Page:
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dc.contributor.authorGopi, Supin-
dc.descriptionUnder the Guidance of Dr. Arun Sarma and Dr. Abhijit Rayen_US
dc.description.abstractThis thesis focuses on the design, development and processes involved for the reformation of hydrocarbons. The method is used for reformation of hydrocarbon in an atmospheric low current, non-thermal plasma system popularly known as ‘Plasmatron’. This gives advantage over the conventional catalyst reforming process in terms of compactness, reduced soot formation, weight and cost. This process can be used for in-situ production of hydrogen for compact applications like automobiles, fuel cell etc. Initial part of the thesis focuses on the entire design and development of the plasmatron system in terms of its chamber, fuel injection system, electrode geometry and power supply. The power system is a pulsed source with a pulse repetition frequency of about 30 kHz. Three electrode materials viz., stainless steel, copper and nickel are used. Here the plasma discharge is generated between the electrodes by giving sufficient amount of power. Through this discharge, different hydrocarbon fuels (liquid as well as gas) are passed through to initiate and enable the reformation process. This entire process occurs at atmospheric pressure. The breakdown characteristics of the developed plasma system have been understood in detail and discussed in chapter 3 of this thesis. The application of non-thermal plasma for fuel conversion and hydrogen production is very effective, because here plasma is not used as a source of energy but as a non-equilibrium generator of radicals, charged and excited particles. These active species can lead to long-chain reactions of fuel conversion and hydrogen production. The energy required for fuel conversion and hydrogen production can be provided mostly by chemical energy of reagents and low-temperature heat in non-thermal plasma. The plasma generated active species just stimulate this process and contribute only a very small fraction of the total process energy. Here as the plasma is in nonequilibrium and high pressure stage, it is difficult to maintain a glow discharge at higher pressure.The idea of using pulsed power supply to avoid the transition to spark regime is also discussed. Attempt has been made to calculate theoretically the ionization rate and electron temperature of the plasma generated here. This has also been experimentally compared using Langmuir probe diagnostic. Discharge voltage has been studied with respect to the input power, voltage and output discharge current for different combination of electrode material namely steel, copper, nickel and combinations of these. A current hysteresis has been observed in case of nickel electrodes and which can be attributed to the magnetic properties of nickel. Third objective of this thesis is to study the non-linearity in the system due to the atmospheric pressure plasma and discussed in chapter 4 of this thesis. An analysis of the random floating potential (current in the ion saturation regime) signals achieved from a Langmuir probe is done with the help of various mathematical tools. Empirical Mode Decomposition (EMD) along with modified Hilbert transform techniques has been introduced to understand the whole phenomena. This method successfully eliminates the noise and also brings out the relevant frequency modes out of the signals. All the floating potential signals achieved from electrodes of different materials have been studied using this method. The effectiveness of this method has been demonstrated by comparing the analysis results with that of the Fast Fourier Transforms and other techniques. Lastly it discusses the surface profiling of the electrode used in the system at various conditions using electron microscopy and image processing techniques. This is important as the life and quality of electrode does impact the final overall efficiency of the system. Comparative studies of electrode surfaces have been done with respect to the raw surface, plasma exposed surface and also with respect to different fuels reformed surface. This has been done for all the three electrode materials as well as for fuels like Liquefied Petroleum Gas (LPG) and Compressed Natural Gas (CNG). Elemental surface study of the electrode surface image has helped in understanding the surface deterioration/erosion and carbon depositions. Lastly it concludes with scope for future work in these kinds of systems. Interesting ideas in terms of the system design like the use of magnetic field has been mentioned.en_US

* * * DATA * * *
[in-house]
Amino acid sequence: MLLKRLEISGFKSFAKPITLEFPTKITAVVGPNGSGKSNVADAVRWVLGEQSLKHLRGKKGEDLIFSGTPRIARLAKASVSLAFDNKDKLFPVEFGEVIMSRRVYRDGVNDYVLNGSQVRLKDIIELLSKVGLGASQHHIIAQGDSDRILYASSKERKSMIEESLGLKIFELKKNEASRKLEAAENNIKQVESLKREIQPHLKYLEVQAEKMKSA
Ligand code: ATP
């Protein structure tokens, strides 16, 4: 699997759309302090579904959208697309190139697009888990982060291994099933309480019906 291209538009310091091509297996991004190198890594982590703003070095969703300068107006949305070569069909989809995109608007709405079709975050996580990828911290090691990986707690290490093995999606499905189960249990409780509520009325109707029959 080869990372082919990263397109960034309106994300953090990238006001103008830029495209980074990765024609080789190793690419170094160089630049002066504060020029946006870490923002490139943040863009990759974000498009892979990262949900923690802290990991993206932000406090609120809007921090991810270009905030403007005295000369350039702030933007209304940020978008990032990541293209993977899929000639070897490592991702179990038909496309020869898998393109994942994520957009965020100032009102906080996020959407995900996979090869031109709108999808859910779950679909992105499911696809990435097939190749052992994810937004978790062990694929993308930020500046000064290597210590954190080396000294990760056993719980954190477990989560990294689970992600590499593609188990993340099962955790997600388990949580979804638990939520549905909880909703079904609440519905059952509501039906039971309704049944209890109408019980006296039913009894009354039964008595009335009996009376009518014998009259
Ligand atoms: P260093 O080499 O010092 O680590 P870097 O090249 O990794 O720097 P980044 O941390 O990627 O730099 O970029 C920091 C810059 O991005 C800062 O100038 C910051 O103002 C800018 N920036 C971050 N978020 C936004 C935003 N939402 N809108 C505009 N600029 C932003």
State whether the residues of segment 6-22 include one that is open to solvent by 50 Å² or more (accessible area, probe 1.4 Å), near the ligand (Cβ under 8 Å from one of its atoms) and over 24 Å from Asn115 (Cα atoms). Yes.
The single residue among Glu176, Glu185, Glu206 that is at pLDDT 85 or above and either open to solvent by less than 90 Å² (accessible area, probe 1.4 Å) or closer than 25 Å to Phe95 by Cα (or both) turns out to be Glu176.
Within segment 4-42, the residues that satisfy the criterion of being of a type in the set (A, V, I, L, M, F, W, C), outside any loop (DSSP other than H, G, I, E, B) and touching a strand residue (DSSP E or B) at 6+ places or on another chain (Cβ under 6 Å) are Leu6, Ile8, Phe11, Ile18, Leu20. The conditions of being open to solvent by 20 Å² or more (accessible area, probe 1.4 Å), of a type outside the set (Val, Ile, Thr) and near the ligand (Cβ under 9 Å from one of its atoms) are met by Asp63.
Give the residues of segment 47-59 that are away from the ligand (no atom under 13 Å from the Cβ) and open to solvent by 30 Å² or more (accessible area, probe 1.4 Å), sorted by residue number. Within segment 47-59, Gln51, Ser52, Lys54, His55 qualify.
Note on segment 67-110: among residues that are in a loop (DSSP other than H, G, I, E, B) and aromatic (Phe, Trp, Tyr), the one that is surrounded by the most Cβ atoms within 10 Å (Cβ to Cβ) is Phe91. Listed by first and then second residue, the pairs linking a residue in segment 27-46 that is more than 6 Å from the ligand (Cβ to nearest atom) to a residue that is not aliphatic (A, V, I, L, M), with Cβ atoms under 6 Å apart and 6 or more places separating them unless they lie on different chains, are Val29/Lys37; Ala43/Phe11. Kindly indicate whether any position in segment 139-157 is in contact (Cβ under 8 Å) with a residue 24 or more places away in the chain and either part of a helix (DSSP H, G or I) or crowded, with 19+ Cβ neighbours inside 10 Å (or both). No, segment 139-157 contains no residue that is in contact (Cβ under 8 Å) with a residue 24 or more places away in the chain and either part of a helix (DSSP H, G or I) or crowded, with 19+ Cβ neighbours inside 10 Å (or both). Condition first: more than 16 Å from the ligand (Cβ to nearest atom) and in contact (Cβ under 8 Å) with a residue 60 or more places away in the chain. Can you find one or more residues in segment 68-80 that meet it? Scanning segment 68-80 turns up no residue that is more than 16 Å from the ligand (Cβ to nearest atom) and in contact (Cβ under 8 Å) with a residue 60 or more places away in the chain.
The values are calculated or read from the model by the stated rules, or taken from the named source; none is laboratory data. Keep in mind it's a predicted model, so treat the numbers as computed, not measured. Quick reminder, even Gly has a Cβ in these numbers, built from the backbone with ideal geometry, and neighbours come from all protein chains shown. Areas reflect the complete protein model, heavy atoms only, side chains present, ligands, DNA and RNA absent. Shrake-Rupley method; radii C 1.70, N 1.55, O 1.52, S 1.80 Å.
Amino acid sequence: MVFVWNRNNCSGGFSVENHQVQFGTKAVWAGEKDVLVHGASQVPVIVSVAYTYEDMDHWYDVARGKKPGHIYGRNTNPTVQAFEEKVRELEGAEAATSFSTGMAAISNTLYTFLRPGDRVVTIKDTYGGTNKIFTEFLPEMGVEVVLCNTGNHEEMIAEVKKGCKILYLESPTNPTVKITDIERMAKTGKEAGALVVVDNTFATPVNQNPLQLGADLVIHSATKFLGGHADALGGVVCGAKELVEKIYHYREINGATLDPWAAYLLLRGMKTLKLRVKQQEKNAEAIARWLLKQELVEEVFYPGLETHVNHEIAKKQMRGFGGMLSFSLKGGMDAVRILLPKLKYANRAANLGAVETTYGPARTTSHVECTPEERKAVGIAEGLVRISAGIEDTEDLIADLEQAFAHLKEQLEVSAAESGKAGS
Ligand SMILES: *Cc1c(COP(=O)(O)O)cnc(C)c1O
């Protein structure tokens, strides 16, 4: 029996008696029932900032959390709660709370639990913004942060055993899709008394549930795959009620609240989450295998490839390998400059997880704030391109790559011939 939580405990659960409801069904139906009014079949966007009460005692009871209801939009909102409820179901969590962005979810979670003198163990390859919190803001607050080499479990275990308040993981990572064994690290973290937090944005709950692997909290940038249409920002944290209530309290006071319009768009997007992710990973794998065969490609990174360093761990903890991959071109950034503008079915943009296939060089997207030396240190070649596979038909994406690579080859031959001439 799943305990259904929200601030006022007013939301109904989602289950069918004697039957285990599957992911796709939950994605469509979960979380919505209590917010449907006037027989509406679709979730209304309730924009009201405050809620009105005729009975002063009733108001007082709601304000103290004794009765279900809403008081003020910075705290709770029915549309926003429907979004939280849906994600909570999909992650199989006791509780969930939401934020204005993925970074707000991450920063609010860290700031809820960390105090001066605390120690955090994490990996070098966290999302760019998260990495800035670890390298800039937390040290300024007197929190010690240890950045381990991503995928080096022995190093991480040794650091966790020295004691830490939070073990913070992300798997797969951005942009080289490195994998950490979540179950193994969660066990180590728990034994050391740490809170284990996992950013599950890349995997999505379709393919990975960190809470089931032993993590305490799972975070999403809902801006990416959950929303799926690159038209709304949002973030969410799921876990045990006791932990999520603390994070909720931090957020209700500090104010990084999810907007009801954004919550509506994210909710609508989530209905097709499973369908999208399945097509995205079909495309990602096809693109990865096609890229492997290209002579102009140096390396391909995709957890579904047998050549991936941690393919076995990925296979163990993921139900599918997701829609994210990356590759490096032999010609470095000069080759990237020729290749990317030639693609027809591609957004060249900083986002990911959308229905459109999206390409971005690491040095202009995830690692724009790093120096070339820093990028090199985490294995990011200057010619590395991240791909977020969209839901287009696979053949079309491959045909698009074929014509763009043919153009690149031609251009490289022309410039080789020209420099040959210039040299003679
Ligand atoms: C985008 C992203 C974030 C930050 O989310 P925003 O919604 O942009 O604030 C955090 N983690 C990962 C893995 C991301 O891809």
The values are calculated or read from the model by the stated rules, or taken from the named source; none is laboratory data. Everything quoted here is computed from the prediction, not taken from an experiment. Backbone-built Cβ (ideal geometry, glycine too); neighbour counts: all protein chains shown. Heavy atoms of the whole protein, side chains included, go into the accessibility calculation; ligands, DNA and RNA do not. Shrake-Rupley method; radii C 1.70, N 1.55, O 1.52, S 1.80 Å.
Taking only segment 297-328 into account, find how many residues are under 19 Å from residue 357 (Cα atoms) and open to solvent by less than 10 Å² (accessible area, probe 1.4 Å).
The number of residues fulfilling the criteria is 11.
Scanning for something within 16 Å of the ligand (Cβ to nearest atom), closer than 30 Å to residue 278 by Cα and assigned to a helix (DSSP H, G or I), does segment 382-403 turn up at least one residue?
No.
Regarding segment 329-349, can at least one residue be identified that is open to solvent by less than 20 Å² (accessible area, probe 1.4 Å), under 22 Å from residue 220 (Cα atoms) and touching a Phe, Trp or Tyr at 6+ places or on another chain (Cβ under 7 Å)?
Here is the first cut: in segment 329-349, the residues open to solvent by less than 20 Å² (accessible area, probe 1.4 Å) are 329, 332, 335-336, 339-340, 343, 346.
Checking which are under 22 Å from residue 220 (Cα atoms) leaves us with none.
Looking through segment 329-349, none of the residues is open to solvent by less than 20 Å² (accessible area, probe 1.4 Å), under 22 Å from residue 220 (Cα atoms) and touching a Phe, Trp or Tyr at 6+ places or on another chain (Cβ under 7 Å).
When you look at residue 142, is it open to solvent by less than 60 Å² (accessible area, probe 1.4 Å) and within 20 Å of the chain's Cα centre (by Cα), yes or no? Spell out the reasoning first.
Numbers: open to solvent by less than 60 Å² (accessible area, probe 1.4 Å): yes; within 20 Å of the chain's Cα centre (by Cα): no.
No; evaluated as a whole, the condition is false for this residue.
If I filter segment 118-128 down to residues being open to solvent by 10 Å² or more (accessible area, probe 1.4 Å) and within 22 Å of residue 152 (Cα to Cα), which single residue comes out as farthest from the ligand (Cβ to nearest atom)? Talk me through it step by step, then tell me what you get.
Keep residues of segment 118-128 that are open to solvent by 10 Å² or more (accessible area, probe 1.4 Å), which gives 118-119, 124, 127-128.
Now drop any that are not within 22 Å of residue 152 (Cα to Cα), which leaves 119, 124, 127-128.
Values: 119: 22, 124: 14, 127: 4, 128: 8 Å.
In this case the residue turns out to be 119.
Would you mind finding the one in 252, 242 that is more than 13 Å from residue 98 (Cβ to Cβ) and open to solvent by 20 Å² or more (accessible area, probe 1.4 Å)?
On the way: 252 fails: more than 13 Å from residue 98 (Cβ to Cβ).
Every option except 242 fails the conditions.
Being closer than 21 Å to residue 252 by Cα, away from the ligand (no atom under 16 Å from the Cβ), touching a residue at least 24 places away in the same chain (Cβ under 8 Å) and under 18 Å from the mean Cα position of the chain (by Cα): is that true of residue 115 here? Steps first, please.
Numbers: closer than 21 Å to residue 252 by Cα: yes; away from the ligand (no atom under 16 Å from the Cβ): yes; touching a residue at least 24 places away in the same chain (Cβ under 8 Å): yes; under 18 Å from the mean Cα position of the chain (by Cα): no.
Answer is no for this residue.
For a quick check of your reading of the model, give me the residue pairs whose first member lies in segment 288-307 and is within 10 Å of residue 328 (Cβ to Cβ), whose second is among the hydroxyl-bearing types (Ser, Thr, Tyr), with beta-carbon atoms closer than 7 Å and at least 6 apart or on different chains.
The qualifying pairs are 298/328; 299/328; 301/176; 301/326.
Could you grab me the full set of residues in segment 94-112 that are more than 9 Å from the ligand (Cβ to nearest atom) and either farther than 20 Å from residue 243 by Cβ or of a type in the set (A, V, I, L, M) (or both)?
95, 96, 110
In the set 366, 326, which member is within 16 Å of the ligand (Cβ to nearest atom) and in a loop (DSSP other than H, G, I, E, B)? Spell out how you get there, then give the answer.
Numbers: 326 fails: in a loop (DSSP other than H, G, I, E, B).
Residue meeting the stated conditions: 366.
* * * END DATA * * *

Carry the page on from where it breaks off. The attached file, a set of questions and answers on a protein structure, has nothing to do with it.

dc.publisherPandit Deendayal Energy University, Gandhinagaren_US
dc.subjectDepartment of Scienceen_US
dc.titleStudy of Hydrogen Production Process Using Low Current, Non-Thermal Plasma Reformation of Hydrocarbonsen_US
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